The lawyer, Andrew Miltenberg, said Trump’s side believes Nunberg leaked a story in the New York Post about campaign spokesperson Hope Hicks and former campaign manager Corey Lewandowski arguing on the street.

Read that carefully. The argument happened on a public street. This is not about “leaking confidential information.” It’s about criticizing Trump, in violation of a contract that says his employees must never criticize him “During the term of your service and at all times thereafter.”

And Nunberg made exactly that case in his response filed with the court:

Nunberg says in his response filed today in New York Supreme Court, “The Trump campaign is misguidedly and improperly attempting to use the sword of private arbitration proceeding against me to silence media coverage of a loud and angry argument on a public street between its former campaign manager Corey Lewandowski … and a female Trump campaign staffer, concerning their sordid and apparently illicit affair, which … was witnessed by another Trump campaign staffer, as reported in the New York Post, Page Six.”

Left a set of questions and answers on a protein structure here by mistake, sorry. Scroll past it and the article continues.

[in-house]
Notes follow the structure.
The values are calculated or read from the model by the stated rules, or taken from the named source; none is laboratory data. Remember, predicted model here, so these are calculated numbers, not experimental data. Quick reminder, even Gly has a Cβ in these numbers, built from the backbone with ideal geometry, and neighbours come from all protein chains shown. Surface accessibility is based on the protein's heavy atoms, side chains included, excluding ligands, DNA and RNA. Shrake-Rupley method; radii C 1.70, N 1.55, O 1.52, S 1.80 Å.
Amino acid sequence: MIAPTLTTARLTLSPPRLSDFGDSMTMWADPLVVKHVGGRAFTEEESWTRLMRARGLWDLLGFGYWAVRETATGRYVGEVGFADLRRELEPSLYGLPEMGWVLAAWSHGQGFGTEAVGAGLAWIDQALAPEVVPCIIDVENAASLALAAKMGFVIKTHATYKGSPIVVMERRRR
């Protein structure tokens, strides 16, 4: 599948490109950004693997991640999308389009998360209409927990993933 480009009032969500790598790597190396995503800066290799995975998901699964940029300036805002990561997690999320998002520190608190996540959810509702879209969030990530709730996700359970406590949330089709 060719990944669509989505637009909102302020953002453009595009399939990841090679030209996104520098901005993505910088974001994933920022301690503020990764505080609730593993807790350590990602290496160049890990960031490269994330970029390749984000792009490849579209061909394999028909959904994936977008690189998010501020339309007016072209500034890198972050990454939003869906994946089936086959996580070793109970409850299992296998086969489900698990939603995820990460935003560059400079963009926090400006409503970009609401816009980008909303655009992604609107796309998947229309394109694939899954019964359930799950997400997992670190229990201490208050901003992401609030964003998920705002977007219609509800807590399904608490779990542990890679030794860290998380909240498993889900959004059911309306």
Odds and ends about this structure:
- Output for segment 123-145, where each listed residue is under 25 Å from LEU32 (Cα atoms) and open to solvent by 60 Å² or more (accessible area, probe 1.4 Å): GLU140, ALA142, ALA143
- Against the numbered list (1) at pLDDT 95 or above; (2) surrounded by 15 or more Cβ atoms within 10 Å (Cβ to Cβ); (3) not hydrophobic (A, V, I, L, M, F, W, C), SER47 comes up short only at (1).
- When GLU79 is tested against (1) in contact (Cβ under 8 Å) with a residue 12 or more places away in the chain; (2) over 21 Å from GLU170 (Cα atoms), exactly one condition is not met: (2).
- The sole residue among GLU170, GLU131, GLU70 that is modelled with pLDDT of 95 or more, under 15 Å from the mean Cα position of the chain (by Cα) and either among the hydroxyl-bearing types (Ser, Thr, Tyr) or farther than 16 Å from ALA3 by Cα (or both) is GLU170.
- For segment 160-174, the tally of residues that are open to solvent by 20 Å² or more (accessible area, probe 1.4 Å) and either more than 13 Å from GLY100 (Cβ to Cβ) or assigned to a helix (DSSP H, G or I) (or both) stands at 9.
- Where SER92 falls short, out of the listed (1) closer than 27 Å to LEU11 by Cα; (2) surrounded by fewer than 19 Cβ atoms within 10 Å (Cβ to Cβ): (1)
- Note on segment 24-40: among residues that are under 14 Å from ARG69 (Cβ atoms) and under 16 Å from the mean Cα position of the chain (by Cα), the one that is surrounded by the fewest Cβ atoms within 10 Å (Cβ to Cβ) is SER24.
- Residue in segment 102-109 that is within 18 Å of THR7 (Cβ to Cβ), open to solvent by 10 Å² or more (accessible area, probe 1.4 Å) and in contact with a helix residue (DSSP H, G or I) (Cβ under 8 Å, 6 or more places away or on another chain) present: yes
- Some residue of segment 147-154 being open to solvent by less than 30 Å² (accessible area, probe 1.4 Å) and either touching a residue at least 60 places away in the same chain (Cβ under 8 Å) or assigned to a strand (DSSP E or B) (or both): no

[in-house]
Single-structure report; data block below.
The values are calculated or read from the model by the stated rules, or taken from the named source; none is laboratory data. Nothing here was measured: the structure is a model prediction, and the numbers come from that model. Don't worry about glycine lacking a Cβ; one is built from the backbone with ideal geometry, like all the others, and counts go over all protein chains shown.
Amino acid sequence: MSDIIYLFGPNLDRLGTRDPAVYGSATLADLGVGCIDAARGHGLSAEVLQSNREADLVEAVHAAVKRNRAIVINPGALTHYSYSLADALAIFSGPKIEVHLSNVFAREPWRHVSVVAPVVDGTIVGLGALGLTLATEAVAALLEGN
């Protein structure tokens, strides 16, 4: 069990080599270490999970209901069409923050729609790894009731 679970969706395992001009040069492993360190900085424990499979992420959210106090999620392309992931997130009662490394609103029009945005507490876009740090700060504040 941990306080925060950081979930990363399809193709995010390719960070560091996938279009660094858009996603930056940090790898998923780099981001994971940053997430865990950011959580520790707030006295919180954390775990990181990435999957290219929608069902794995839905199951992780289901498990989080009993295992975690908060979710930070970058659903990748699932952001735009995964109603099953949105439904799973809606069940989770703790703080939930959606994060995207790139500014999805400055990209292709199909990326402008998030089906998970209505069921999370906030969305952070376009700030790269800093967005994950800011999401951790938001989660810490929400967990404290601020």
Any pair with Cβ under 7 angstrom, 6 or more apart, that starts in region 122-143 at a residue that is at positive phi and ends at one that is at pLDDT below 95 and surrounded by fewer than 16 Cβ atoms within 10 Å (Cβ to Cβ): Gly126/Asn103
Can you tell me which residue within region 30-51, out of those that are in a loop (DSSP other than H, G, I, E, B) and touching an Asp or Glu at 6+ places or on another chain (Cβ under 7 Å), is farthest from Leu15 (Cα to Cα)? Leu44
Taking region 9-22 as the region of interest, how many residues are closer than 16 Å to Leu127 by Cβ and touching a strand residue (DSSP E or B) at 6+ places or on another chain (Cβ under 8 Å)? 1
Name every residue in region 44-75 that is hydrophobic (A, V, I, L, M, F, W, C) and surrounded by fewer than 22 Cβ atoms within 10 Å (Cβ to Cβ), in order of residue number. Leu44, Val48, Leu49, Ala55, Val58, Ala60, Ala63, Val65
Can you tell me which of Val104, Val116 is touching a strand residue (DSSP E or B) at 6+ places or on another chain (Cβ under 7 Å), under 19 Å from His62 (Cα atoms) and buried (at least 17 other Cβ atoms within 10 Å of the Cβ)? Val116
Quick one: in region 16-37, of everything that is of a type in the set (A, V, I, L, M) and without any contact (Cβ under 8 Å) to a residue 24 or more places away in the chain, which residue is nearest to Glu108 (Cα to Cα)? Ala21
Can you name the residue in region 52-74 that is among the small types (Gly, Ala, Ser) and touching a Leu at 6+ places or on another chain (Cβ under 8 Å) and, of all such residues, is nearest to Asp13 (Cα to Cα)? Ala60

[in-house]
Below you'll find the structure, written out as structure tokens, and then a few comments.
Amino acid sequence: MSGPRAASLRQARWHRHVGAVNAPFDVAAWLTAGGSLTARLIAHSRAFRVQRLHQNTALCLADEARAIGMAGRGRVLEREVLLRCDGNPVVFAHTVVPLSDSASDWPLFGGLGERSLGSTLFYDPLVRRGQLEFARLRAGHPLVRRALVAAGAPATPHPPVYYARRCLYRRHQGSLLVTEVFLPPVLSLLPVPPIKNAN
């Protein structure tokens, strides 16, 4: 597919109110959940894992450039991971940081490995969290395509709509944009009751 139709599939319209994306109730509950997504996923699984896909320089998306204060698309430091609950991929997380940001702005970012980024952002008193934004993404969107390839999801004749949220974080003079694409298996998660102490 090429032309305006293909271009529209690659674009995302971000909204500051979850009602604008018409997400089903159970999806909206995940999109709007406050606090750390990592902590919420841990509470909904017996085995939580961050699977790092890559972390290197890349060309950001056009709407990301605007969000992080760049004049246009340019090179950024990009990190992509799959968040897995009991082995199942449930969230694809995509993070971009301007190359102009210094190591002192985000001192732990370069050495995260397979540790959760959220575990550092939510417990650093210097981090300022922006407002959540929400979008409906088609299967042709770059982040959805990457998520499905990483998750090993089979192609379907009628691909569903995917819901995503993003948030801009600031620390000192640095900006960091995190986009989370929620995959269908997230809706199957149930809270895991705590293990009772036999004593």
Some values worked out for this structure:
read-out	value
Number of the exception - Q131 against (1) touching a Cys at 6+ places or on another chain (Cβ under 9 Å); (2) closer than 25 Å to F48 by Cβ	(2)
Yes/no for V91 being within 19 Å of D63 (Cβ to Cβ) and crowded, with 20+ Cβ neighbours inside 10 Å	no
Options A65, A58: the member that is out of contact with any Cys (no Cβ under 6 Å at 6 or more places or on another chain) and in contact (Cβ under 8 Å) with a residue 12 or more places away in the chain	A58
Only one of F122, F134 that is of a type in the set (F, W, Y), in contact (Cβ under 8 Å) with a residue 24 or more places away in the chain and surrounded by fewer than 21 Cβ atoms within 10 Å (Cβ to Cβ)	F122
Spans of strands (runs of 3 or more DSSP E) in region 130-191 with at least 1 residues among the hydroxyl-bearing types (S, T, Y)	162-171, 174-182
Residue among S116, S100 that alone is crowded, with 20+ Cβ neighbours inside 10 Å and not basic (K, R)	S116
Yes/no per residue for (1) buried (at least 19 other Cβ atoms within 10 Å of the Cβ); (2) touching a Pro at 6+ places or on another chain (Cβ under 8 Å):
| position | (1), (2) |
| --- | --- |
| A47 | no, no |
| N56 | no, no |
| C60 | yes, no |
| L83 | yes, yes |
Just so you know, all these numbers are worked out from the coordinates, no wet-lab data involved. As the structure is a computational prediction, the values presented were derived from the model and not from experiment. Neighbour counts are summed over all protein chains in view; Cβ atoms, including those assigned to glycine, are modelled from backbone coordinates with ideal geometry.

Nunberg also claims that there were many witnesses to the “lovers’ quarrel” that took place at 61st Street and Third Avenue, which he describes as “a public inappropriate display by the former campaign manager and, upon information and belief, his paramour.”

He continues, “I did not provide the New York Post with any information concerning that embarrassing and lurid event … [I] learned of it … long after my consulting agreement had been terminated … This tawdry public incident between Mr. Lewandowski and a female Trump campaign staffer occurred well after the termination of my consulting agreement.”

I have an idea. The Clinton campaign should offer to pay the legal fees of any former Trump employee who is willing to talk – on camera – about Trump’s career of scamming, cheating, and bullying employees, contractors, and business partners.

Maybe the Democratic National Convention could have a whole night about that. It’s a hell of a lot more relevant than Benghazi and Bill Clinton’s affairs….


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Good day and good nuts